The Third Court of Appeals in Travis County recently affirmed a lower court ruling that a fee on cigarettes and cigarette tobacco manufactured by certain small producers was an unconstitutional tax. The state is expected to appeal the ruling to the Texas Supreme Court.
The Aug. 15 ruling addressed a law enacted in 2013 that requires a fee on cigarettes and certain tobacco products offered for sale in Texas by producers that did not participate in the 1997 and 1998 comprehensive settlements between states and large tobacco companies. The producers subject to the fee sued the state, arguing that it was effectively a tax that violated a requirement under Tex. Const., Art. 8 that taxation be equal and uniform, among other claims.
The 1998 Comprehensive Settlement Agreement required large tobacco companies to pay the state for damages incurred by tobacco use, such as Medicaid expenditures, and to pay punitive damages for antitrust violations, deceptive advertising, and marketing to children. Under the agreement, the companies agreed to make large annual payments based on market share and were released from past and future claims of harm caused by tobacco use. Small tobacco producers were not involved in the settlement agreement, either because they did not exist in 1998 or were not accused of wrongdoing.
HB 3536 by Otto, enacted in 2013 by the 83rd Legislature, imposes a fee on cigarettes produced by manufacturers that did not participate in the agreement. The fee, which is collected when distributors buy tax stamps, is currently 56.65 cents per pack. The bill does not release the non-settling manufacturers from liability but would apply all fees paid by a manufacturer to any judgment or settlement on a claim brought against the manufacturer.
According to HB 3536, its stated intent was to:
- recover state health care expenditures attributable to the non-settling manufacturers;
- prevent non-settling manufacturers from undermining the state’s policy of reducing underage smoking by offering products at prices substantially below those offered by other manufacturers;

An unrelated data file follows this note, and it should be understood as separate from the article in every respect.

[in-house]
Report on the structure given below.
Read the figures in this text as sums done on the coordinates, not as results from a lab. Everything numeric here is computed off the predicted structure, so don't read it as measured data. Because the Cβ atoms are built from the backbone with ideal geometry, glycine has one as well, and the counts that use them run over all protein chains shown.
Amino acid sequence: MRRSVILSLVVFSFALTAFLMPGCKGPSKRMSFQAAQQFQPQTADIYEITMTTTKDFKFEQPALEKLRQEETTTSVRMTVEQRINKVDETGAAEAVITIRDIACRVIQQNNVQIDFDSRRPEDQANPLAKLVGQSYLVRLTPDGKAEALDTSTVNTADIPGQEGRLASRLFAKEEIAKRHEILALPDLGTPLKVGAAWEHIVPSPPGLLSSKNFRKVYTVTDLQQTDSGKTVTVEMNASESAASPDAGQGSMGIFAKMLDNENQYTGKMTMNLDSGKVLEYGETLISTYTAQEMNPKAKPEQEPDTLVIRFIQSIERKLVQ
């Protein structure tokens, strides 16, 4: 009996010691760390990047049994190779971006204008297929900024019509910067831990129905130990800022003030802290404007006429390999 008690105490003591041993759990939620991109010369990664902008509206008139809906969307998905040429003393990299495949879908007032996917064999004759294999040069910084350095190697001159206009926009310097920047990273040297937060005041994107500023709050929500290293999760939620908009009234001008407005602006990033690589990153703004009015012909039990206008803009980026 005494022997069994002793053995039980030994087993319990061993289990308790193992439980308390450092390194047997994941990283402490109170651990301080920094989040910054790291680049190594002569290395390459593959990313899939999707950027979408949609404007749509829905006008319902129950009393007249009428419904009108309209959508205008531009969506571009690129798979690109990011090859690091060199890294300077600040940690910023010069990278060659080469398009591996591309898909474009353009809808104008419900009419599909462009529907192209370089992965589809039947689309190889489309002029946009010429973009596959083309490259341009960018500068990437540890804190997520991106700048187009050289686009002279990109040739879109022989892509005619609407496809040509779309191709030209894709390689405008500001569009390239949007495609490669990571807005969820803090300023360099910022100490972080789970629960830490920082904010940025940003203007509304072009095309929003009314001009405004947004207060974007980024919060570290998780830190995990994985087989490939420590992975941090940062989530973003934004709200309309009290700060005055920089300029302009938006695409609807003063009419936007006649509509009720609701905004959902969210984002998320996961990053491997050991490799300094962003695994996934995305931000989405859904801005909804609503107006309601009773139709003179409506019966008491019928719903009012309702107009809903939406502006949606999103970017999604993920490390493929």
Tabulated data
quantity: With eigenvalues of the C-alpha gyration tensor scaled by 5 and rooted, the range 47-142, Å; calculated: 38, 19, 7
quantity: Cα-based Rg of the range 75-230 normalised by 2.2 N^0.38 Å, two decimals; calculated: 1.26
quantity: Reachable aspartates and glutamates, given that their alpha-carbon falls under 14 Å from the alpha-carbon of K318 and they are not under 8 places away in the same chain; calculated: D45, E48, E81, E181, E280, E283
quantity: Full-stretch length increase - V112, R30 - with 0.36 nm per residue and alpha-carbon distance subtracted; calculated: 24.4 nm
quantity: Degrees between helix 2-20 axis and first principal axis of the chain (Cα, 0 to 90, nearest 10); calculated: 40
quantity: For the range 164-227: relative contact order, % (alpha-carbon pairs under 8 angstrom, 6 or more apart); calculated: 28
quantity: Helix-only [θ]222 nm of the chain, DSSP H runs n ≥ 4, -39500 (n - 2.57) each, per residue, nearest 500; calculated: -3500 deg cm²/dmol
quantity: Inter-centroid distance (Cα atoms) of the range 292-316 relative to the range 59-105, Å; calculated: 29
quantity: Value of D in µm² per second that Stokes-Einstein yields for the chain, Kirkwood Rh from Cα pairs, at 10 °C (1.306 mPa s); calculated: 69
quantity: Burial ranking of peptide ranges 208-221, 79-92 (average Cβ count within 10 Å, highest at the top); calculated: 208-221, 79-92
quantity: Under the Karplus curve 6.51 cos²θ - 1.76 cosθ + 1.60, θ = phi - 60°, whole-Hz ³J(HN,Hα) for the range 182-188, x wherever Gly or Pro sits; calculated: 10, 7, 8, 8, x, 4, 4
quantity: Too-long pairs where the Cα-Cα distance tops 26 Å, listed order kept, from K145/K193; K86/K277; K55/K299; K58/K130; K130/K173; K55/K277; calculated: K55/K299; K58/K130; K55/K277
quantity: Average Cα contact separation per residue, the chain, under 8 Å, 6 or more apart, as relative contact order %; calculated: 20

- protect the tobacco settlement agreement and funding, which has been reduced by growth in sales of non-settling manufacturers’ products; and
- ensure evenhanded treatment of manufacturers.
The state argued that the fee does not violate the equal taxation clause because the Legislature’s decision to place a fee on the products of non-settling manufacturers and not those of settling manufacturers was based on a reasonable distinction between them. The court rejected the assertion that because big tobacco entered into the settlement agreement and small tobacco did not, the entities could be treated differently. The court said the proper test was to examine the kinds of products produced. The court, finding no difference, concluded that the fee unacceptably violates the constitutional requirement that taxation be equal and uniform. The court said HB 3536 was “an apparent attempt to prevent Big Tobacco from losing market share to Small Tobacco” and that “protecting one company’s market share over another’s does not justify the unequal treatment of identical products.”
The fee is still being collected. If the Supreme Court does not accept the state’s appeal or issues a final ruling against the fee, the Comptroller’s Office is expected to return collected fees under guidance from the courts.
by Tom Howe